The shiny new slogan in Israeli-Palestinian diplomacy is "shrinking the conflict." It represents a policy that falls between maintaining the status quo—"managing the conflict"—and trying to arrive at a mutually agreed-upon solution, known as "solving the conflict."
Unfortunately, it's nothing more than repackaging a tired, old concept.
Those arguing for its implementation, most notably its author, Micah Goodman, use terminology reminiscent of Oslo, disengagement and various other, less notable but equally failed, strategies of the last few decades.
Proponents of "shrinking the conflict" argue for greater Palestinian autonomy (as in the Oslo Accords); greater Palestinian separation from Israel and the Israel Defense Forces (as in the withdrawal from Gaza); and the removal of friction points, as in the elimination of the vast majority of checkpoints. However, they ignore the elephant in the room: that the heart of the conflict remains ongoing Palestinian rejection of Jewish sovereignty.
Managing, solving and shrinking the conflict have all been tried, time and again over the last three decades, and the conflict hasn't gone anywhere, frequently descending into bloodshed, as it did in May this year.
Does anyone believe that the Palestinian thugs on the Temple Mount, lobbing projectiles at Jewish worshipers at the Western Wall, Hamas terrorists launching thousands of missiles into Israel or those who laud and glorify mass-murdering terrorists will suddenly have their heads turned by bypass roads in the West Bank?
So-called "shrinking the conflict" measures will be seen by Palestinians as capitulation.
Call them Israeli concessions, confidence-building measures or a reduction of friction between the two populations, they will be seen in the same light by Palestinian decision-makers and opinion-shapers: as capitulation.
Oslo only increased the number and ferocity of terrorist attacks; disengagement brought about the Second Lebanon War and increased the number of Hamas and Islamic Jihad rockets on Israeli population centers; and the freeze on building in Israeli communities beyond the Green Line pushed Palestinian Authority leader Mahmoud Abbas further away from the negotiating table.
If the Palestinians wanted more control, or greater sovereignty, all they had to do was accept one of the many overly generous offers by Israeli leaders, such as Ehud Barak and Ehud Olmert.
This is not about who currently controls what; it's about who ends up controlling territory in the future.
Only last month, the P.A.'s highest religious authority, Grand Mufti Muhammad Hussein, assured PA TV viewers that the destruction of Israel, the "liberation" of Jerusalem and its "return to Islam" is only a matter of time.
According to Palestinian Media Watch, shortly after the P.A. mufti promised Israel's demise, official PA TV broadcast a filler between programs, which spoke of the fact that "history has never let the colonialist remain, and the occupiers have always left in the end. One day they [the Jews], too, will return to where they came from."
These are excerpts from the so-called moderate P.A., which continues to educate its people with the belief that eventually the State of Israel will cease to exist. "Shrinking the conflict" will merely intensify this, as all such Israeli proposals have done historically.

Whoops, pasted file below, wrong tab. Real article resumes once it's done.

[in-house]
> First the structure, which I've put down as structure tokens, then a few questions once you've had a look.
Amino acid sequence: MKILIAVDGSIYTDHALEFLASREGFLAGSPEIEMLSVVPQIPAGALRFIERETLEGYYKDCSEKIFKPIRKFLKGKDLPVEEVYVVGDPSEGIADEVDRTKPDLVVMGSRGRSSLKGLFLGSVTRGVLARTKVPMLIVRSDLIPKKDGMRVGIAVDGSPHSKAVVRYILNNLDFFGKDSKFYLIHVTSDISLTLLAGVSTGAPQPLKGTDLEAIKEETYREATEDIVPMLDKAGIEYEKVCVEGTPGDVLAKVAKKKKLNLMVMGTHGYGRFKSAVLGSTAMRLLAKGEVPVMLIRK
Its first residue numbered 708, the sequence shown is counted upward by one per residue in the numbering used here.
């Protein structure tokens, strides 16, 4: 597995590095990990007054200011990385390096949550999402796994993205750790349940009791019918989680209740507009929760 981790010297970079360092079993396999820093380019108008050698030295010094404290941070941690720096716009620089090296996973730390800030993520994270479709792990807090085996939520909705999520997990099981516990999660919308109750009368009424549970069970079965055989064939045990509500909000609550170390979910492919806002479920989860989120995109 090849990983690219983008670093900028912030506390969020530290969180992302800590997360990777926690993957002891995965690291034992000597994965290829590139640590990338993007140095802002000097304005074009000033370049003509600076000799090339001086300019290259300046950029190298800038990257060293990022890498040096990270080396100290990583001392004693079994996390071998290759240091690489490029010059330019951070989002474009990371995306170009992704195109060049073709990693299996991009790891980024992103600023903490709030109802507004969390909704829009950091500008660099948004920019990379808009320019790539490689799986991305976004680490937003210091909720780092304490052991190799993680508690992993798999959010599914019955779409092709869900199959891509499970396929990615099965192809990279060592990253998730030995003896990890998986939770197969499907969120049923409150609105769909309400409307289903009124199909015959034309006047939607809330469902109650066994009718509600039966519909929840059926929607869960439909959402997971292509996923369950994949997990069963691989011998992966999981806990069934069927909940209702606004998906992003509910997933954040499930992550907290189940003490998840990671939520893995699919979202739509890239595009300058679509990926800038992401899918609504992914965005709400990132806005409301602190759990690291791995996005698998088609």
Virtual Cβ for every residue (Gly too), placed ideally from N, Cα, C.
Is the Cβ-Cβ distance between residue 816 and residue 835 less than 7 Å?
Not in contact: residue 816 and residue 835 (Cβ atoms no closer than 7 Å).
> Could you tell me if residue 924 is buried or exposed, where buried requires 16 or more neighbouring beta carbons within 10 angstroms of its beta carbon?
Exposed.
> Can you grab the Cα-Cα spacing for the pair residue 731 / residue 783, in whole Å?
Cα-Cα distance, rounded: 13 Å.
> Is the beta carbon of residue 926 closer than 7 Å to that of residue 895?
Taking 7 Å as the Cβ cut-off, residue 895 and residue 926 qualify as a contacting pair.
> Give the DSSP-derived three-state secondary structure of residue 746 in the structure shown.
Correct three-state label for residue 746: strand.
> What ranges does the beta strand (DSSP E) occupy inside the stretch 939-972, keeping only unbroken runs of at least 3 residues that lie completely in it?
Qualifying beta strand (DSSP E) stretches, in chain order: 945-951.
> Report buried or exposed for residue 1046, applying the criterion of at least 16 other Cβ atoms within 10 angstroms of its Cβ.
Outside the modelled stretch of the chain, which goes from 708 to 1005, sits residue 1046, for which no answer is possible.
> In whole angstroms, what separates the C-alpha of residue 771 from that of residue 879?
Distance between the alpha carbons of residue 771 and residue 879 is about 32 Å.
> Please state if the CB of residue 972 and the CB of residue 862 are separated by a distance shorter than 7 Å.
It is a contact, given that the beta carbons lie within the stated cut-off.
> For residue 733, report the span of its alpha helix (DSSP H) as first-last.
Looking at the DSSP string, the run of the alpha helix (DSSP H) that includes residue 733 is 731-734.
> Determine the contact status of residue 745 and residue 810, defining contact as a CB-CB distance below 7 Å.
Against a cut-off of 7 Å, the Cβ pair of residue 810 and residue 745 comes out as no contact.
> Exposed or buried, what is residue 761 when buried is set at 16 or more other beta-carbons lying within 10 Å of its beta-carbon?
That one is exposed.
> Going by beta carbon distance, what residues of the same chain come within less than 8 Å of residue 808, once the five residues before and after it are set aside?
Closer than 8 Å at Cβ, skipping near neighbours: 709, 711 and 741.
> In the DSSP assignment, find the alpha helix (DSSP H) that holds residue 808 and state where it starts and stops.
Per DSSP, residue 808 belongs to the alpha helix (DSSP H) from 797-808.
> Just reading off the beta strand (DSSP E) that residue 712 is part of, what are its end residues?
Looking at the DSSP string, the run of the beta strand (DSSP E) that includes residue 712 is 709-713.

The only way this conflict ends is with the reversal of vicious, violent Palestinian rejectionism.
The only way this conflict ends is with the reversal of vicious, violent Palestinian rejectionism, which has to be dealt with as the foundational pillar that ensures the endurance of the conflict.
Only when this rejectionism is defeated will an end be put to the conflict. Then, and only then, will the Palestinians be able to build up their polity and spend their energy and resources on social welfare, education, health and construction, rather than on the funding of terrorists, the supporting of bloodthirsty hate-preachers and on an education system built to negate the Jewish people's right to self-determination in its indigenous and ancestral homeland.
This is an important point, because while it is certainly not the easiest way to end the conflict, an Israeli victory over Palestinian rejectionism is the only way. Anything less simply convinces the Palestinians that their ultimate future will be free of an entity that keeps on conceding ground and leverage without demanding anything in return.
So, while "shrinking the conflict" sounds nice in intellectual and foreign-policy circles, it is doomed to failure, because history has already proven the fallacy of the idea, and a repackaged product with glossy verbiage still has the same contents.
It is possible to spend another 30 years trying slightly different variations of the same failed policy, which brings a lot of attention and opportunities for its authors, but does not save a single drop of blood; or Israel can face the fact that every other such option has been exhausted.
This conflict only ends when the Palestinians give up, not a moment before.
Alex Nachumson is a writer for the Israel Victory Project and CEO of Mivtachi Israel, an organization of former senior IDF officers.